Art on art on art

As I’m just getting started in my studies as a community art major, I’m really interested in thinking about what is considered art, especially who gets to determine what is “worth” spending our time looking at.

Yesterday I visited the Victoria and Albert Museum, a world famous museum of art and design over in West London. And it was incredible. I basically walked around in awe for three hours, with heart eyes like a lovesick cartoon character, trying to take it all in.

My favorite rooms were the Cast Courts, huge galleries of plaster reproductions of some of the most significant monuments of medieval and Renaissance Europe, including works by Michelangelo. The sculptures were made in the 19th century, allowing common middle class people as well as artists and designers, who were unable to travel abroad, to view and study these masterpieces.

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The gallery included artwork from all over the world, and it was interesting looking at Islamic art while studying its history and practices. Islamic religious art is rather simplistic, but artifacts related to the home and hospitality, such as dish ware and rugs, are beautifully ornate and delicate in design.

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I was also a huge sucker for all of the stained glass windows.

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Earlier this week, I visited Whitechapel Gallery, a well-known modern art museum that boasts of at one point hosting works by Picasso, Pollock, Rothko, Kahlo, and other famous artists before they became famous. A lot of exhibits were in transition while I was there, so there wasn’t as much to see, but their children’s commission really caught my eye. Titled The Name of Fear, the instillation features capes designed by Brazilian artist Rivane Neuenschwander and explores the fears of children, from death, clowns, and bees, to many other things.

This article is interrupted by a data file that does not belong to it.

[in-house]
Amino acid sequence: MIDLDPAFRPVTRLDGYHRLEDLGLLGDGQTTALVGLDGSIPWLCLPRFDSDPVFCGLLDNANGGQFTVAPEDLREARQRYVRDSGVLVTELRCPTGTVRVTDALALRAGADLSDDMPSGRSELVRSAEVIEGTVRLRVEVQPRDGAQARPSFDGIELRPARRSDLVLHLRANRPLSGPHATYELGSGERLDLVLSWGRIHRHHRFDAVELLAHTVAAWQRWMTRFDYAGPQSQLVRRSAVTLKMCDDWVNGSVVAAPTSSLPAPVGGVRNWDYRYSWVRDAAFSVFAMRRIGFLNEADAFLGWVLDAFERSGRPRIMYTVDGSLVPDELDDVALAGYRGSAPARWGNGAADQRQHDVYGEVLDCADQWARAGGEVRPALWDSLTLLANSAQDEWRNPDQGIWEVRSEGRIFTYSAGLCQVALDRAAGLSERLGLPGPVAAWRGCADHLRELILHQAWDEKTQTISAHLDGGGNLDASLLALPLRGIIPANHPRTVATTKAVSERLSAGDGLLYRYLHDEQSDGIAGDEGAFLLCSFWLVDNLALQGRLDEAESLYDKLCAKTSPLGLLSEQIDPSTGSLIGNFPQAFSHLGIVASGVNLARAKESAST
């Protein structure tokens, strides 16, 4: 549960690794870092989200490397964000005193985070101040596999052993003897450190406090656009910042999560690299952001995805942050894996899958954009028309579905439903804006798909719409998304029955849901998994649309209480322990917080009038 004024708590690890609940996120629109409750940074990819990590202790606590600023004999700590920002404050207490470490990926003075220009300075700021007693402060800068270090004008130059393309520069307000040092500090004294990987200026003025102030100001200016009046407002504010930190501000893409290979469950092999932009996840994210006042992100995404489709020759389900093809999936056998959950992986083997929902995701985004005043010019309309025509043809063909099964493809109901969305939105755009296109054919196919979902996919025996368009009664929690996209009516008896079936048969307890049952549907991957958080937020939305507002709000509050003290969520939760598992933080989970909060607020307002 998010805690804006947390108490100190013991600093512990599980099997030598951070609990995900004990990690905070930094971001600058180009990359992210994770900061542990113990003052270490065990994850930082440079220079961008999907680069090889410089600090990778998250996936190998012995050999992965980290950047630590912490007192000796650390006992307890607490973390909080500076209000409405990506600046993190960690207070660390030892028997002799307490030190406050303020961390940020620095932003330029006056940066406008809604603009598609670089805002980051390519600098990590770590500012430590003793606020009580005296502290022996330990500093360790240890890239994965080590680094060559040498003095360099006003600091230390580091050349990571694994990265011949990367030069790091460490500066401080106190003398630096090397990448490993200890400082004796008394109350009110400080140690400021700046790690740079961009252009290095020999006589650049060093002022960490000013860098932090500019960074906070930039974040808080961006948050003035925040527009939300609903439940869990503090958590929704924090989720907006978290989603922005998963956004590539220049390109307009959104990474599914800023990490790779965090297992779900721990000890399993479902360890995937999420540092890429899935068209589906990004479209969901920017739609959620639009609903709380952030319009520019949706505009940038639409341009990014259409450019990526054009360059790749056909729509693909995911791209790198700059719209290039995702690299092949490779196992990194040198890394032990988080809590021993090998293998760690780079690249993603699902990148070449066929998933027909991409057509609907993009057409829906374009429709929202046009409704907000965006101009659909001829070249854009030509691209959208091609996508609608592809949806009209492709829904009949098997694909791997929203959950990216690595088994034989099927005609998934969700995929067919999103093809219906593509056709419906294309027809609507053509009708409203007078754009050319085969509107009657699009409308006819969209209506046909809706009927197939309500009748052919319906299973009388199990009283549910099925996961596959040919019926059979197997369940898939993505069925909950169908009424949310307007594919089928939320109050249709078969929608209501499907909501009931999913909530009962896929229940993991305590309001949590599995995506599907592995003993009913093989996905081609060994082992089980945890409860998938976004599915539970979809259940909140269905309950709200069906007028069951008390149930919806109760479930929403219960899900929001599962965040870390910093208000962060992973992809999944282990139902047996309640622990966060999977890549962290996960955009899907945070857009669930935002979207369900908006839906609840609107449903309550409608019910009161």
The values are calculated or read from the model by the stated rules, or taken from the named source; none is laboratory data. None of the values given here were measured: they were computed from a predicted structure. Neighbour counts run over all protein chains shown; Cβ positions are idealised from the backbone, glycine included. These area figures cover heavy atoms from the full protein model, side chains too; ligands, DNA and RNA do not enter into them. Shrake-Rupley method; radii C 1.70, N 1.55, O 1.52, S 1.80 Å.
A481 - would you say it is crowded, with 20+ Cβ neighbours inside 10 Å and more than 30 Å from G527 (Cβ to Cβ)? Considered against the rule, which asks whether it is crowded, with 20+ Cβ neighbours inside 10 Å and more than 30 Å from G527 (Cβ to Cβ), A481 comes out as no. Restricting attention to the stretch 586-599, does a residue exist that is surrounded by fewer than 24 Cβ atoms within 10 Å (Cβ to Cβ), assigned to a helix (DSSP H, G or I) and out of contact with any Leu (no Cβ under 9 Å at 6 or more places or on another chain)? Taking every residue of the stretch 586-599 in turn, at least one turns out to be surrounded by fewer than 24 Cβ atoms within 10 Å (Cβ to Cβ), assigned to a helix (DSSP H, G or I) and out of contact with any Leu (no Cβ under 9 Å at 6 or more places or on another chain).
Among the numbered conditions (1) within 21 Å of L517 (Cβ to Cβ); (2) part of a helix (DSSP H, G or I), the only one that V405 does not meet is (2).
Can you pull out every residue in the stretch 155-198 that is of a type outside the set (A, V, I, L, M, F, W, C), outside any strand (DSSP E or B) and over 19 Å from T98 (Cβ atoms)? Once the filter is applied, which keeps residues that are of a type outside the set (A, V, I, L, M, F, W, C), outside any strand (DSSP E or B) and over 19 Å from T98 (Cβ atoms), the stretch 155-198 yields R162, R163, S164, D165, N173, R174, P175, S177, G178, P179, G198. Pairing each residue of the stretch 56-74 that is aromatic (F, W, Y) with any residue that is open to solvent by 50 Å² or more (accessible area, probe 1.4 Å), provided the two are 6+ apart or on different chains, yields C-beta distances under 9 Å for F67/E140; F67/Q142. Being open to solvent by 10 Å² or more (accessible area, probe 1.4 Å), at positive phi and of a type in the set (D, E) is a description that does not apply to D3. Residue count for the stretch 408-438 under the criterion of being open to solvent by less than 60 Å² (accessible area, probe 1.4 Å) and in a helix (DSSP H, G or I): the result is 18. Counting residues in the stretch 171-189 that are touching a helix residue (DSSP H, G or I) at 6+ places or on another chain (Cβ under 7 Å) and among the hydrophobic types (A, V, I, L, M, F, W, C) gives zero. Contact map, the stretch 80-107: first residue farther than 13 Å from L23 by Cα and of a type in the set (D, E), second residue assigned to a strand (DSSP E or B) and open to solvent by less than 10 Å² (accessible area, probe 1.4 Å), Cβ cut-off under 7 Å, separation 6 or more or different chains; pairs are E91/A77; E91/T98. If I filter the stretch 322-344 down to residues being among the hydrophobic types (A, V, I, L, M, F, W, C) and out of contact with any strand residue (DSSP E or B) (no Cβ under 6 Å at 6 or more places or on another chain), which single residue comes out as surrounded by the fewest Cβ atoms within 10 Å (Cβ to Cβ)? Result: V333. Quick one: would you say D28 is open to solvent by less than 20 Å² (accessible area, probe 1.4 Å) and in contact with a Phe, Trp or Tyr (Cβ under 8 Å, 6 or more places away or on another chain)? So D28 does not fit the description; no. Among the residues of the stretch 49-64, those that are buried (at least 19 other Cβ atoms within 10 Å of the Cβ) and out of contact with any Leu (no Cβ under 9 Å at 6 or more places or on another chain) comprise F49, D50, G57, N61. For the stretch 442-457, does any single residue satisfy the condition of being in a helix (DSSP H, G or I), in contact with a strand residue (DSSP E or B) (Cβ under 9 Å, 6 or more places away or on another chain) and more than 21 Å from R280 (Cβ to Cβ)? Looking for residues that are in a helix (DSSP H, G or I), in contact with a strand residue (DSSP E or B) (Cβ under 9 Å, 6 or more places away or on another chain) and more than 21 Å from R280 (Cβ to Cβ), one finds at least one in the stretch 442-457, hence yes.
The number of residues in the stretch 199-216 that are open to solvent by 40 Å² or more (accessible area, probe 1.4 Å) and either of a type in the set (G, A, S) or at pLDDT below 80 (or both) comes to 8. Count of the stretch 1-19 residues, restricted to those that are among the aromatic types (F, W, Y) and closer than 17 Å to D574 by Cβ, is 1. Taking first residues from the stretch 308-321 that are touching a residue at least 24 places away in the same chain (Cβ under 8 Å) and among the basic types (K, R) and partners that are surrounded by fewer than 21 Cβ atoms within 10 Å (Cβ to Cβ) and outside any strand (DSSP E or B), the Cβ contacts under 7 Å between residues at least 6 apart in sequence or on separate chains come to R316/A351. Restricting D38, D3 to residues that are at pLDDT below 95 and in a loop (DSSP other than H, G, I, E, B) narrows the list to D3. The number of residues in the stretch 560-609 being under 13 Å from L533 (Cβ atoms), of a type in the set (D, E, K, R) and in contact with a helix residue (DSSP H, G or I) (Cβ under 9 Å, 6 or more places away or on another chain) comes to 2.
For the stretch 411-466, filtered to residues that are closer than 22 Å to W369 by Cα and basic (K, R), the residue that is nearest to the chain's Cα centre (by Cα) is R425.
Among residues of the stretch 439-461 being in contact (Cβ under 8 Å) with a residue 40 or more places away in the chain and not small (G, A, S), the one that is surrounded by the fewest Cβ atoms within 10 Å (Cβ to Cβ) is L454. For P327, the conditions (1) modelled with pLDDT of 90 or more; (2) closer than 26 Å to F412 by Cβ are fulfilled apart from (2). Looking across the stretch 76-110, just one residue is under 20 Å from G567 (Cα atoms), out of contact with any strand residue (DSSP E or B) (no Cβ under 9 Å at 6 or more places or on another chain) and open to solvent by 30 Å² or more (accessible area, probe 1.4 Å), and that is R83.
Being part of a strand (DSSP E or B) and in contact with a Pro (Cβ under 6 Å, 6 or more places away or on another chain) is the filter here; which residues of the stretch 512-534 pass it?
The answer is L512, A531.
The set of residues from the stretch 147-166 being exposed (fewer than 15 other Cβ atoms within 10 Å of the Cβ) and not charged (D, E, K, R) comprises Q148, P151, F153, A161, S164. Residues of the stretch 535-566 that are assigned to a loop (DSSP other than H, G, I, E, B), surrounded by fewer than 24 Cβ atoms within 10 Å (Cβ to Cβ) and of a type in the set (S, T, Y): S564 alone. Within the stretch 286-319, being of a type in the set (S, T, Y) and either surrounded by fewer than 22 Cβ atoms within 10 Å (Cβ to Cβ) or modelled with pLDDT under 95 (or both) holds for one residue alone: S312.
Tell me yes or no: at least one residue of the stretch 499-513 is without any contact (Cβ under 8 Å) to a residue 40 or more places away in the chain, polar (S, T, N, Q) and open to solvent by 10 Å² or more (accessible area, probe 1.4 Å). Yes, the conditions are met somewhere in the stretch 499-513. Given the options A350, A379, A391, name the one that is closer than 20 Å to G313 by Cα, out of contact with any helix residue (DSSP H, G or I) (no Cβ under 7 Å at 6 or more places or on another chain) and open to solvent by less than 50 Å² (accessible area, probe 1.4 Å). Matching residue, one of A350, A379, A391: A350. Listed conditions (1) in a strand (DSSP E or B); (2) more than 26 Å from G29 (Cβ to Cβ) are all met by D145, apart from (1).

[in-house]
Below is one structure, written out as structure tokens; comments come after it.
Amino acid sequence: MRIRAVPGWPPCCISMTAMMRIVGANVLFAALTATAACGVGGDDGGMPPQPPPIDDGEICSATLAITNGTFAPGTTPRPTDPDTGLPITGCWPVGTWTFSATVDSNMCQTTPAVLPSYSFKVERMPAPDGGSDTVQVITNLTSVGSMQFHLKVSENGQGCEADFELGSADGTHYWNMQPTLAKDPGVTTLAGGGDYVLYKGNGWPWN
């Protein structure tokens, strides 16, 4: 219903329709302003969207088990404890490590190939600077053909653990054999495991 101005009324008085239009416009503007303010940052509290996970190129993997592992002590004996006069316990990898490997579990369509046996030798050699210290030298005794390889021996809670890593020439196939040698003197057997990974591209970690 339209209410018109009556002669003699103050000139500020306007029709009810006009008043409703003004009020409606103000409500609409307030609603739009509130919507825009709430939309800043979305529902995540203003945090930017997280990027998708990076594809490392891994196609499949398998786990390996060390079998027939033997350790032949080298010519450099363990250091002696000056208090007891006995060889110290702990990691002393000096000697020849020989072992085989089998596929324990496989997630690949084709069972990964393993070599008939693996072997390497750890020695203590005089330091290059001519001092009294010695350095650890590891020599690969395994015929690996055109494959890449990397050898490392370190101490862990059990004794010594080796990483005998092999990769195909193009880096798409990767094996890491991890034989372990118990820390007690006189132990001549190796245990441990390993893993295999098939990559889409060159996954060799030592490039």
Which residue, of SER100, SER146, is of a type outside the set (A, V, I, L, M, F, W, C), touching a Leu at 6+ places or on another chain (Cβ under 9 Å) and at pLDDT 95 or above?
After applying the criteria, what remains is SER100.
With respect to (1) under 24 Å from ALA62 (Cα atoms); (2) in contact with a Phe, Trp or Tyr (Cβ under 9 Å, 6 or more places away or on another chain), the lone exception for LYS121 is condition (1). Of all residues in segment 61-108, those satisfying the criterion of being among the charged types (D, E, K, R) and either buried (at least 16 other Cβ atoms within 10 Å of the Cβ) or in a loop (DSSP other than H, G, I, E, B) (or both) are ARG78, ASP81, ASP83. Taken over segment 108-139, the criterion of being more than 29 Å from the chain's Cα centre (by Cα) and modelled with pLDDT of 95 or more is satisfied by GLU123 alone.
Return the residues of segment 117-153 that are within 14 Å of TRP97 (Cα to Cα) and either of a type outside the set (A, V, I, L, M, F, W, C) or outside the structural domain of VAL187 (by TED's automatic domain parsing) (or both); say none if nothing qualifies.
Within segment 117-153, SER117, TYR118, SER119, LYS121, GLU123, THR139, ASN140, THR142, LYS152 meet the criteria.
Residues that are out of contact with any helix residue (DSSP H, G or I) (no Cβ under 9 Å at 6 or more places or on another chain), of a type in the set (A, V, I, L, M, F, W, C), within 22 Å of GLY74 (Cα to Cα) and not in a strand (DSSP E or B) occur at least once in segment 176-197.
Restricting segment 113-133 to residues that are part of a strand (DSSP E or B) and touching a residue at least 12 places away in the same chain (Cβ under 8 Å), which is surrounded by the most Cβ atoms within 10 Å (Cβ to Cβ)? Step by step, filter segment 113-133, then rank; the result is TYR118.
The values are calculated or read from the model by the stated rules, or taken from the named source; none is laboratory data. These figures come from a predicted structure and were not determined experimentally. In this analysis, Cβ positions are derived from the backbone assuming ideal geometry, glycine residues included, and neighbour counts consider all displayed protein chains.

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Finally, the other day I visited the Serpentine Gallery at Hyde Park, over in West London near Buckingham Palace. The main gallery was closed, but its outdoor exhibition, a structure made of poles and shiny cellophane-type material, was open on its front lawn. I loved it because it was participatory, inviting viewers to wander through its odd pathways and become drenched in rainbow light.

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So which of these is art? All of them? Is older, classic art more important than art made today? Does your art only matter if you have status attached to it, and know the right influential people?

Personally, I’m really drawn to paintings by artists like William Turner and Vincent van Gogh, as well as current art that invites the common person to participate. I don’t have the patience for photography, or video, or sculpture, but I know a lot of people that do, and their work is beautiful.

I think we get stuck when we start saying what art is and isn’t. But I do think that to be meaningful, and worthy of spending time with, it should speak truth.

What art speaks to you?


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One thought on “Art on art on art

  1. I love the rainbow outdoor exhibit the Serpentine Gallery at Hyde Park has! Thank you so much for sharing your images of it. I am an artist and I really struggle with the question “What is art?”. I make many things using many different mediums, but it seems that only the classic mediums that I use (painting and charcoal) are truly accepted in the art community. My modern art gets little notice (maybe one or two pieces have gotten recognition). I love my modern art, and it is a really enjoyable process. I end up sticking my modern art on clothing for sale while my classic art can stand alone. Great post! It really made me consider my points of view.

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